Thursday, September 24, 2015 by Chris Draper
Horror movie enthusiasts delight in the idea of a zombie apocalypse. So much so that some people have promulgated “how to kill a zombie” guides on the internet. Although there is plenty of information on the web about how to kill zombies, there is little information about how to a kill a more imminent threat: Google robots.
Human-like androids have broken free from the shackles of science fiction. Google debuted its humanoid robot Atlas, in a recent video. Atlas stands six feet, two inches tall and clocks in at a whopping 330 pounds. The makers of the robot set Atlas free into woods to see how well it could navigate through the murky terrain.(1)
In the video, Atlas struggles to walk upright, but can effectively respond to the surrounding environment. Makers of the robot claim their primary focus in constructing Atlas was to improve balance and dynamics.
Although Atlas walks like an awkward slumped-over giant, the android is a force made of steel that would stop anyone dead in their tracks. Makers of the robot state that Atlas is not yet quite on par with humans, but they remain optimistic.
“All kinds of stuff happens, and we’re making pretty good progress in making it’s movement sort of within shooting range of yours, and if we keep pushing we’ll get there,” noted Marc Raibert, the founder of Boston Dynamic.(1)
All this in the round, one cannot help wonder when robots will not just be equivalent to their Google caretakers, but supersede them, perhaps even detaining them to a “people zoo.” Some people believe that robots are already becoming our overlords. For instance, the multinational company Hitachi is now using an A.I. system at several warehouses to issue commands to factory workers — not the other way around.(2)
In the event that robots do take over the world, preparations for a zombie apocalypse would prove futile. Unlike zombies, decapitating a metal android standing over six feet tall may not be the most effective way to kill it. Although a robot moves through the workings of its artificial brain, slicing through a steel neck would require multiple whacks.
One way to kill a Google robot is simply to burn it up. Douse the Google robot in gasoline and engulf it in flames. Since Google robots are devoid of sentience and can travel long distances, it’s best to perform this stunt from far away. They’re sure to leave a trail of fire in their tracks.
A weakness of robots is that they are just as sensitive to water as they are fire. Drenching a robot with a bucket of water from a tree may be just as effective at killing a Google robot as engulfing it in flames. At the very least, the water can cause the robot’s circuits to malfunction. Rather than challenge a robot to a duel, challenge the robot to an ice bucket challenge.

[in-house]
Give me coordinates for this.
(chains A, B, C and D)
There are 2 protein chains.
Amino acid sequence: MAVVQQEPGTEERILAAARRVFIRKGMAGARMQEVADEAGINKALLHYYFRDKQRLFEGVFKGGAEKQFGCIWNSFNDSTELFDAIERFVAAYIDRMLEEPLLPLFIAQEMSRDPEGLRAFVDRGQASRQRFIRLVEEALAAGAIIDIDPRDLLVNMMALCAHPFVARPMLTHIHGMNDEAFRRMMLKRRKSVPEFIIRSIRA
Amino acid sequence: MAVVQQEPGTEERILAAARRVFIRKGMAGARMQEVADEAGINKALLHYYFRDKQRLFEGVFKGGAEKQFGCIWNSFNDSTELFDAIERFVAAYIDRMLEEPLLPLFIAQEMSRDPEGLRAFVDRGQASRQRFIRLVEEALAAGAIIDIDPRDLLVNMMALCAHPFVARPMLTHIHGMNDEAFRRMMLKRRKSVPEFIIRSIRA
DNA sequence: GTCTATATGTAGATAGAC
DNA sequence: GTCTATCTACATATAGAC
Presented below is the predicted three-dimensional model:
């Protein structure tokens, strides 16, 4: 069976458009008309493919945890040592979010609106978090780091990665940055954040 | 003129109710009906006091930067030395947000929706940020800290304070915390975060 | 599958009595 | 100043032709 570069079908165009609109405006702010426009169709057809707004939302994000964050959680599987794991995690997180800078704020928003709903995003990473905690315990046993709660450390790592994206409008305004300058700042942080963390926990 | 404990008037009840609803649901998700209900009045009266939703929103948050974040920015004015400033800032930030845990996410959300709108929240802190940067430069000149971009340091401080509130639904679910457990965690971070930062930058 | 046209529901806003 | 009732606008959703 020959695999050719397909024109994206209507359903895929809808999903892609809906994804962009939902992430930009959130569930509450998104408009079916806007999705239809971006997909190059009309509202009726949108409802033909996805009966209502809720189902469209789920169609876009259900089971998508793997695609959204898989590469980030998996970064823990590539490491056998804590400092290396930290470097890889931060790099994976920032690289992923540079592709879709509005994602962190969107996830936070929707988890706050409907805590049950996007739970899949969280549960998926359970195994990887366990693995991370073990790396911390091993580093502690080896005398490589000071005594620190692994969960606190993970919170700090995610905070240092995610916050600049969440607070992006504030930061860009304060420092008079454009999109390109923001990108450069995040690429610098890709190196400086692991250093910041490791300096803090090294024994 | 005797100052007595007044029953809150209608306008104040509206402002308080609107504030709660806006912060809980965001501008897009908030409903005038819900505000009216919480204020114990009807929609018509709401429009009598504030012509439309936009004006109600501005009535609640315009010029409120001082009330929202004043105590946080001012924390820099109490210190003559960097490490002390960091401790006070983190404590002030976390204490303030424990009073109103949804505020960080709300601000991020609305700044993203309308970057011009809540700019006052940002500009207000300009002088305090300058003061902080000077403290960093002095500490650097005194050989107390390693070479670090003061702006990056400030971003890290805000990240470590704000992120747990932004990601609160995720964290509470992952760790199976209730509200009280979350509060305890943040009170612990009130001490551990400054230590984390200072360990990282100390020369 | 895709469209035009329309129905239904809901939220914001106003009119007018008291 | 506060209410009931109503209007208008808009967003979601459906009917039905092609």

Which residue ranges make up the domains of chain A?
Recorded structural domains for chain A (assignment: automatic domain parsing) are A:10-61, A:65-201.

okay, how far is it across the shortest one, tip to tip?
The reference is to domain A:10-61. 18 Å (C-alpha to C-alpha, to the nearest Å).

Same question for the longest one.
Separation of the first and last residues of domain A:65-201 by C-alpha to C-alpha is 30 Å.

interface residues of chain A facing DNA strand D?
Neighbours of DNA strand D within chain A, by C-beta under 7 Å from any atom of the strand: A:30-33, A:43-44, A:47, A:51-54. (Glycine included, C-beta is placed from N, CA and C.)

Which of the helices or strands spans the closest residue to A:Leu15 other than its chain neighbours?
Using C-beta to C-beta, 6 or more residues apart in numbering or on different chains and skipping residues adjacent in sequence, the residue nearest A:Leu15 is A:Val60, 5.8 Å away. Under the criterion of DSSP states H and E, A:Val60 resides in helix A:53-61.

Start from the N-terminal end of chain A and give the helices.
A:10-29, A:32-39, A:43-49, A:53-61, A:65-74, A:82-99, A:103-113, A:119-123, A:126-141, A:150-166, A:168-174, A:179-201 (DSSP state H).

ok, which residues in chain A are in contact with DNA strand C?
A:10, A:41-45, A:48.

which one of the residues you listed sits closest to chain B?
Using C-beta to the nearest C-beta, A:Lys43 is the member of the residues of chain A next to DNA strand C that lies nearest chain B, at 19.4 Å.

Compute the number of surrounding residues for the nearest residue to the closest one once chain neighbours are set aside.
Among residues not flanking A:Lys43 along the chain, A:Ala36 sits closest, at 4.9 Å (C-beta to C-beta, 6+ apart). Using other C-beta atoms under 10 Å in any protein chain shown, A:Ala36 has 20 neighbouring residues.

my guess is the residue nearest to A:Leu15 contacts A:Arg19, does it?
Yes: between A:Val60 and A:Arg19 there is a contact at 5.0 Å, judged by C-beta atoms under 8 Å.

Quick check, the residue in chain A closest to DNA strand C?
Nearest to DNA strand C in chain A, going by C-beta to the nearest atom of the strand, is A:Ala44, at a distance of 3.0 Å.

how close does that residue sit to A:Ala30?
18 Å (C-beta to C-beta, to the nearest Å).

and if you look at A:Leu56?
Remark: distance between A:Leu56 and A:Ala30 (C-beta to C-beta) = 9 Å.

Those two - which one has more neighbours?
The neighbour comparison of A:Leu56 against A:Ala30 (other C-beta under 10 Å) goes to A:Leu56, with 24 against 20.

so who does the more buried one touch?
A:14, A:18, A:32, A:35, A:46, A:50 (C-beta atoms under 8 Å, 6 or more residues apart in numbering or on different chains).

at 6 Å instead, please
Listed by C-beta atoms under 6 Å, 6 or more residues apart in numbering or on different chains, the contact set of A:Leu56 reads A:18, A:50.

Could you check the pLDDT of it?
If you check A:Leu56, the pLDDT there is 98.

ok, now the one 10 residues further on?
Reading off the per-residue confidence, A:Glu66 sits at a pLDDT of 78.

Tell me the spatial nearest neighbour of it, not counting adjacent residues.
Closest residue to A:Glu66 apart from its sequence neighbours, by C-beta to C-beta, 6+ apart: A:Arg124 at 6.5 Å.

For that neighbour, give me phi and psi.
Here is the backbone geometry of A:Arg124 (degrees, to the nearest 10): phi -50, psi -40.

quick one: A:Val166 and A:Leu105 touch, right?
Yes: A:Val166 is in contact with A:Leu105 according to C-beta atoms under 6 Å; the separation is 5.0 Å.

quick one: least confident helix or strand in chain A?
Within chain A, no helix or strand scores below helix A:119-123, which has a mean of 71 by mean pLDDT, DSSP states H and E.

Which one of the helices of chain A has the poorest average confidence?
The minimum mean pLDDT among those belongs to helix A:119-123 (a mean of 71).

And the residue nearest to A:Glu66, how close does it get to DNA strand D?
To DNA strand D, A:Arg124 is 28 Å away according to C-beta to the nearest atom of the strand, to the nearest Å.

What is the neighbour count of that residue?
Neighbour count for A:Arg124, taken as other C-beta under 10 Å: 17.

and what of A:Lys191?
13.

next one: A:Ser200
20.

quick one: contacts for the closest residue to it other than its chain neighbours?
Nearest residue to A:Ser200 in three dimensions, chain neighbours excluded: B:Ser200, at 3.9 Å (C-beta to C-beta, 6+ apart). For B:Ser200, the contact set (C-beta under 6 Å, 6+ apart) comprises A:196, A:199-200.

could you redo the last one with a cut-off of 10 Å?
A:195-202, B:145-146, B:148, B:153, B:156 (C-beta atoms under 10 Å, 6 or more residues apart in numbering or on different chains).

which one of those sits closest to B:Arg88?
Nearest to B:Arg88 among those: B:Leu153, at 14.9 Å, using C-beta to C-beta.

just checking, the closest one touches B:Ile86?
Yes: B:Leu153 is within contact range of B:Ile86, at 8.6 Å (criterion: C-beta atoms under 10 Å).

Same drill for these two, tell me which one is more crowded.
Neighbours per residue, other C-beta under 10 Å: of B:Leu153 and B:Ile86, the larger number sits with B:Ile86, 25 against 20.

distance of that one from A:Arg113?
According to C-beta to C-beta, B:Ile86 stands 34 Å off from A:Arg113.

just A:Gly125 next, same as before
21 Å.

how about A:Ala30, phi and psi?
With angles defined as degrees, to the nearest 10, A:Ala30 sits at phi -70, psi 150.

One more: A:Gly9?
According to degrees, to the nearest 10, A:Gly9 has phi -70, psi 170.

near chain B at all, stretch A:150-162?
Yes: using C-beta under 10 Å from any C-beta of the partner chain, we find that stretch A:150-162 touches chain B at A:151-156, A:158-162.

Another way to kill a Google robot is to run it over with a car. Depending on the size of the vehicle, killing the robot with a car may require multiple attempts. After you run over the robot, put your car in reverse and run it over again. Then, put the car in drive and run the robot over a third time. What are you going to do at this point, drive around it?
If you’re really diabolical, attach the near dead robot to the rear end of your car and take it home as a souvenir. You can take pleasure from listening to its mangled corpse scrape along the pavement on the ride home.
Google robots responds to their environment with various sensors. One way to stop a Google robot dead in its tracks is to blind its sensors with a laser pointer. Although a laser pointer won’t kill the robot, you can blind the robot, guide it to a precipice, and then gently push it off a cliff. Justice really is blind.
Since robots can’t bleed and are devoid of sentience, perhaps the best way to kill a human android is to attack it from the inside-out rather than from the outside-in. Uploading a computer virus to the robot’s software may be able to terminate the machine, or at least turn its kill switch from on to off. For the tech-savvy robot killer, take over the robot’s brain!
Unfortunately, robots seem better equipped at taking over our brains than we are at theirs. Millennials stumbling the streets, staring into their smart phones with a catatonic gaze, are testimony to this fact. It’s as if computers have summoned a zombie apocalypse; the only problem is that we’re the zombies. In trying to decipher the many different ways to unplug a Google robot, perhaps a good first step would be to unplug ourselves.